Congressman Michael Arcuri (D) stops in the halls of CCC to talk to students after appearing with host Guy Consentino on CCC’s production of Inside Government. He is speaking with Collegian Editor-in-Chief Mat Kratts and Garret Komarisky SGO Presidential Candidate. -continued FROM FRONT -
the dependency of fossil fuels, according to Arcuri, which he believes will run out.
“Developing a hightech economy is a huge challenge and requires the ideas and efforts of many people… as a member of Congress, I look forward to implementing these ideas to begin building a hightech economy in this region and restoring Upstate New York as a global leader in technology and innovation.” –Congressman Michael Arcuri
This can only be made possible by developing technology to help fuel this alternative energy. Arcuri believes it will help to open up more technological jobs to college students. “If we create the demand then our colleges are going to have an advancement solution to go to.” According to Arcuri, Central New York is the number one destination for college students across the country.
With the SUNY schools system along with Utica, Syracuse, Hornell and so on, he hopes to capture this power by developing more high-tech job opportunities. This way, advanced skilled workers fresh out of college will more likely stay in the area then migrate to more technologically-developed areas. It will ultimately help the region into working more as a team. “What is good for Auburn, is good for Utica, is good for Syracuse…we need to think of our group as a region, not a group of cities or different countries, we work together, what’s good for one is good for another,” he said. This idea will help Central New York become a part of one of the leading technological areas in the country, as it was 40 years ago. Congressman Arcuri also feels strongly about the college influence on industry. “New companies will look to the colleges for internships.” Arcuri said. “There’s no better way to match college students to industry and business then through internships,” he believes this is one of the best ways of gaining job experience for students. It’s apparent that Congressman Michael Arcuri has really put a lot of time and effort into his campaign to make sure Central New York is one of the cornerstones of the Nation.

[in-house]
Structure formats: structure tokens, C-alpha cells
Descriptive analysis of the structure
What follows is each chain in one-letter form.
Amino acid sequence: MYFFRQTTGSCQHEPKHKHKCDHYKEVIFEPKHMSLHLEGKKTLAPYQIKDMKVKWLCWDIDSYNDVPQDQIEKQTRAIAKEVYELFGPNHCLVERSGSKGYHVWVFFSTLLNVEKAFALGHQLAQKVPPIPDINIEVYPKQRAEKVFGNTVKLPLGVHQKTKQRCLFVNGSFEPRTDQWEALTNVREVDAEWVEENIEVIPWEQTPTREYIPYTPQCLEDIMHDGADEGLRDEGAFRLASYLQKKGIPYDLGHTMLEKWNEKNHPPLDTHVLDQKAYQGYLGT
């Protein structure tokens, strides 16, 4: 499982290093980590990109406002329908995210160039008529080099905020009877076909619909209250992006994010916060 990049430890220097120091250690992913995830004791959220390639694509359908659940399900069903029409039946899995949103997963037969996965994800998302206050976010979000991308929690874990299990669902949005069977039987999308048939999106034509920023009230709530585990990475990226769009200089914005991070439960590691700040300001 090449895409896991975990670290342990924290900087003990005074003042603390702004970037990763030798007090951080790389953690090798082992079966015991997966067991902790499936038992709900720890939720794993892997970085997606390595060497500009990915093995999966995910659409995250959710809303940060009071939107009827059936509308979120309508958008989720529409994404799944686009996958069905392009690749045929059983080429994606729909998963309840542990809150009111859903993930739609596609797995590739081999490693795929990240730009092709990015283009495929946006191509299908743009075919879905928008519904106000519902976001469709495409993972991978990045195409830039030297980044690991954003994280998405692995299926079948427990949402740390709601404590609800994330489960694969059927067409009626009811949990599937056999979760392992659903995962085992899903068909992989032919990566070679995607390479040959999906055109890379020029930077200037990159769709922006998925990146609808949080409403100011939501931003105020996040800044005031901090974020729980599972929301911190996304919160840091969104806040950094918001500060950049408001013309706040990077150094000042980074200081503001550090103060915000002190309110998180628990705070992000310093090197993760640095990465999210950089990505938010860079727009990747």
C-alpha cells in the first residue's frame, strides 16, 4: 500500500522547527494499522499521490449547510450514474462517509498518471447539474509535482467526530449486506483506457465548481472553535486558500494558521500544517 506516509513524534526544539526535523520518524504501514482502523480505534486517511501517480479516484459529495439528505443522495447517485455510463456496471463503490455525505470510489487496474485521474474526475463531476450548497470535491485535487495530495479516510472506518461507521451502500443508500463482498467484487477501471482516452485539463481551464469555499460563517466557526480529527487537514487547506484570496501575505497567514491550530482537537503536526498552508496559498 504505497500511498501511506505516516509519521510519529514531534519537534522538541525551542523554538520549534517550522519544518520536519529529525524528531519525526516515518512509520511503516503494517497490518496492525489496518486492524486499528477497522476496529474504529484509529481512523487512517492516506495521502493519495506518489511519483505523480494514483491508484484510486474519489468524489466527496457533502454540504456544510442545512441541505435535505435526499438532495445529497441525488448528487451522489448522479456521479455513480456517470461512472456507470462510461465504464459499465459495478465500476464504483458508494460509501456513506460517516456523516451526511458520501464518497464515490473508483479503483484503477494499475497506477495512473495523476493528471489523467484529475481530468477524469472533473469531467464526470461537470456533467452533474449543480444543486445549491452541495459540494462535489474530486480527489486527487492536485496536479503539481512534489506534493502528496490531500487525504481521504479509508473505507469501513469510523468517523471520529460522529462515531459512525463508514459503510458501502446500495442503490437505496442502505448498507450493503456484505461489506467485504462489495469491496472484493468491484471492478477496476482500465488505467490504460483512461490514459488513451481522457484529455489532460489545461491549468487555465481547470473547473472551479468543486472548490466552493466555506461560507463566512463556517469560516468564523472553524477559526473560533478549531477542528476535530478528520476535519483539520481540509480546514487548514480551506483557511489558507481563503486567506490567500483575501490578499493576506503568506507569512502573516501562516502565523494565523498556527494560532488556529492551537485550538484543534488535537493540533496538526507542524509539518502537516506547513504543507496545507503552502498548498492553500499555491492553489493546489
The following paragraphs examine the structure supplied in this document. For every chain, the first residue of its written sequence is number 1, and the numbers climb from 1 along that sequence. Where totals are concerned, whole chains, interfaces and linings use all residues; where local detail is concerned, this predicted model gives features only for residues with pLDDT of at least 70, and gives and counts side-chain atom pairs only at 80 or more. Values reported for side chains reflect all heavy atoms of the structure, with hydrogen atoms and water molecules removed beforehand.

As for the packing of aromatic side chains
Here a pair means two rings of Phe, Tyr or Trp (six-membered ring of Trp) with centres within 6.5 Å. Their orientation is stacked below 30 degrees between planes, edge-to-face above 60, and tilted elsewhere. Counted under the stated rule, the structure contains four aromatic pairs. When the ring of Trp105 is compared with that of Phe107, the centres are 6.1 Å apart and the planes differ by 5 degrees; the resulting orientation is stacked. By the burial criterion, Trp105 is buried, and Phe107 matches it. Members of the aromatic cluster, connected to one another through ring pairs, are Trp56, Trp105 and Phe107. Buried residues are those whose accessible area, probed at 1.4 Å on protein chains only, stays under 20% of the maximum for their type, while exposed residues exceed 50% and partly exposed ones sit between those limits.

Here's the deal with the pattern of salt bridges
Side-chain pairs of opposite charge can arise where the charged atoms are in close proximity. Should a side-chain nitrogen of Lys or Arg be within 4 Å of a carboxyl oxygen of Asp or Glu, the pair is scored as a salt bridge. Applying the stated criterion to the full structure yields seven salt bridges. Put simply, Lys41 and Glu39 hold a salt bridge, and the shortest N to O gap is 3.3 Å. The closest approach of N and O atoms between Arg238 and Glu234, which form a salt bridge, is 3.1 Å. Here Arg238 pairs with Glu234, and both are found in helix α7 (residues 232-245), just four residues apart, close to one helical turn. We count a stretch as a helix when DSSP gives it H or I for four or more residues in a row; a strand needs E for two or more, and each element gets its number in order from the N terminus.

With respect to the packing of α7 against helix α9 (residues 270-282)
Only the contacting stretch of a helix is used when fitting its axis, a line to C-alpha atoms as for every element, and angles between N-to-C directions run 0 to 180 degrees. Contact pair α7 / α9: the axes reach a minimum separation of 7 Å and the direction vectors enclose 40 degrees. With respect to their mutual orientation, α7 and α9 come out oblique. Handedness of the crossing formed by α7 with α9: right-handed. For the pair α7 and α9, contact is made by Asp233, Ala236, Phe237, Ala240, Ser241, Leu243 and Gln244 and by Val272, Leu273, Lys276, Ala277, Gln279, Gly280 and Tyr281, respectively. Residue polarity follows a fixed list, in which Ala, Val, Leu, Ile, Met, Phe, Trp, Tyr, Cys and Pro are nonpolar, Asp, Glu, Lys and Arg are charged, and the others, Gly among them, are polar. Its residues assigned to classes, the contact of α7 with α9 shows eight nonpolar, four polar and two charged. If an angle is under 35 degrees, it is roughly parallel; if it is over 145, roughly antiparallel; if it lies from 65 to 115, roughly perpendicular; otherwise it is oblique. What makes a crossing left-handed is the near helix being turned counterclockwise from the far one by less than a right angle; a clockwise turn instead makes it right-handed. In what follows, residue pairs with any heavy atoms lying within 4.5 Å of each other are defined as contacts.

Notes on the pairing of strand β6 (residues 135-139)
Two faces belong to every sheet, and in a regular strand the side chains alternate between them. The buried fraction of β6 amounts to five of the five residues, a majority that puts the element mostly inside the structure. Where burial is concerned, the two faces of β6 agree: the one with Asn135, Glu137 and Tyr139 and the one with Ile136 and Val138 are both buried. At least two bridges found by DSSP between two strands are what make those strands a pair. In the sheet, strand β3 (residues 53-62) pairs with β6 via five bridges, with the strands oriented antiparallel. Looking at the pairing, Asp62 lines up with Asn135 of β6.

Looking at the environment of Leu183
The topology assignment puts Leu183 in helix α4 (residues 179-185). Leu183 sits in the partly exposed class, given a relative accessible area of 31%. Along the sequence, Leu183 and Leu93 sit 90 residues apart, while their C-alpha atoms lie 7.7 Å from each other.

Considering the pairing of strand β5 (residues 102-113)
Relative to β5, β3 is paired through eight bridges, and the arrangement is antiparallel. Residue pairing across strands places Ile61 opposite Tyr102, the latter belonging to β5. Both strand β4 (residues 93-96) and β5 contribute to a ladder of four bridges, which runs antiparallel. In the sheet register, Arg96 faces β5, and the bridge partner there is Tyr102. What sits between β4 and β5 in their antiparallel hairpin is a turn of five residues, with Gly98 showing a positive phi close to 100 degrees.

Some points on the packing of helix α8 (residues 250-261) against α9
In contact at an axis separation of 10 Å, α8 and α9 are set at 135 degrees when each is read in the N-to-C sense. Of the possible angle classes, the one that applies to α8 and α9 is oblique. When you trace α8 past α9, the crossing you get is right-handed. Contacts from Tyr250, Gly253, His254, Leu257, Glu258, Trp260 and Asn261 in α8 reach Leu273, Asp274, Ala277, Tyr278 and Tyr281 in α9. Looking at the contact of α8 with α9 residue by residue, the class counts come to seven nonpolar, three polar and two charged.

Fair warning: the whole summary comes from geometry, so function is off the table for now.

PHOTO BY Mary Merritt
New York State Assemblyman David Valesky with host Guy Consentino on CCC’s production of Inside Government. The show airs on Auburn’s cable service provider. -continued FROM FRONT -
preceding this year’s Saturday night deadline, government officials worked steadily to get all bills printed and distributed to all members of the Senate and the assembly. These bills were also all supposed to be voted on before the midnight deadline. However, this did not happen. Approximately three quarters of the budget bills were approved by the Senate on time. Since not all the bills were passed by midnight, instead of working through the night, the members stopped for the night. At 10:00 AM on Sunday, the members came back to finish up and that only took about an hour. Getting the budget together is a long process. Am incumbent governor would start to develop the budget in October of the previous year. The governor would then work with his agents to put together an executive budget. Then the governor would have until the end of January to submit the budget to the legislature. This year however, Gover-
nor Spitzer was newly-elected into office in January. This makes planning the budget a little tough because Governor Spitzer only has the month of January to prepare the budget. Even with the short amount of time, Governor Spitzer still developed the budget by the end of January. After that, there are the public budget hearings throughout February. After that, an agreement needs to be in place by March 1st on revenue. The Governor, the Senate, and the Assembly were looking at $585 million in additional revenue available above the $120 billion that the Governor had already proposed. As of March 1st, everything seemed to be in place for an on-time budget and also one without the last minute crunch. What made the budget not be on time could have been the one house budget. In the middle of March, the Assembly and the Senate has to pass their version of a budget. The Senate passed a budget of $3.5 million in new spending on top of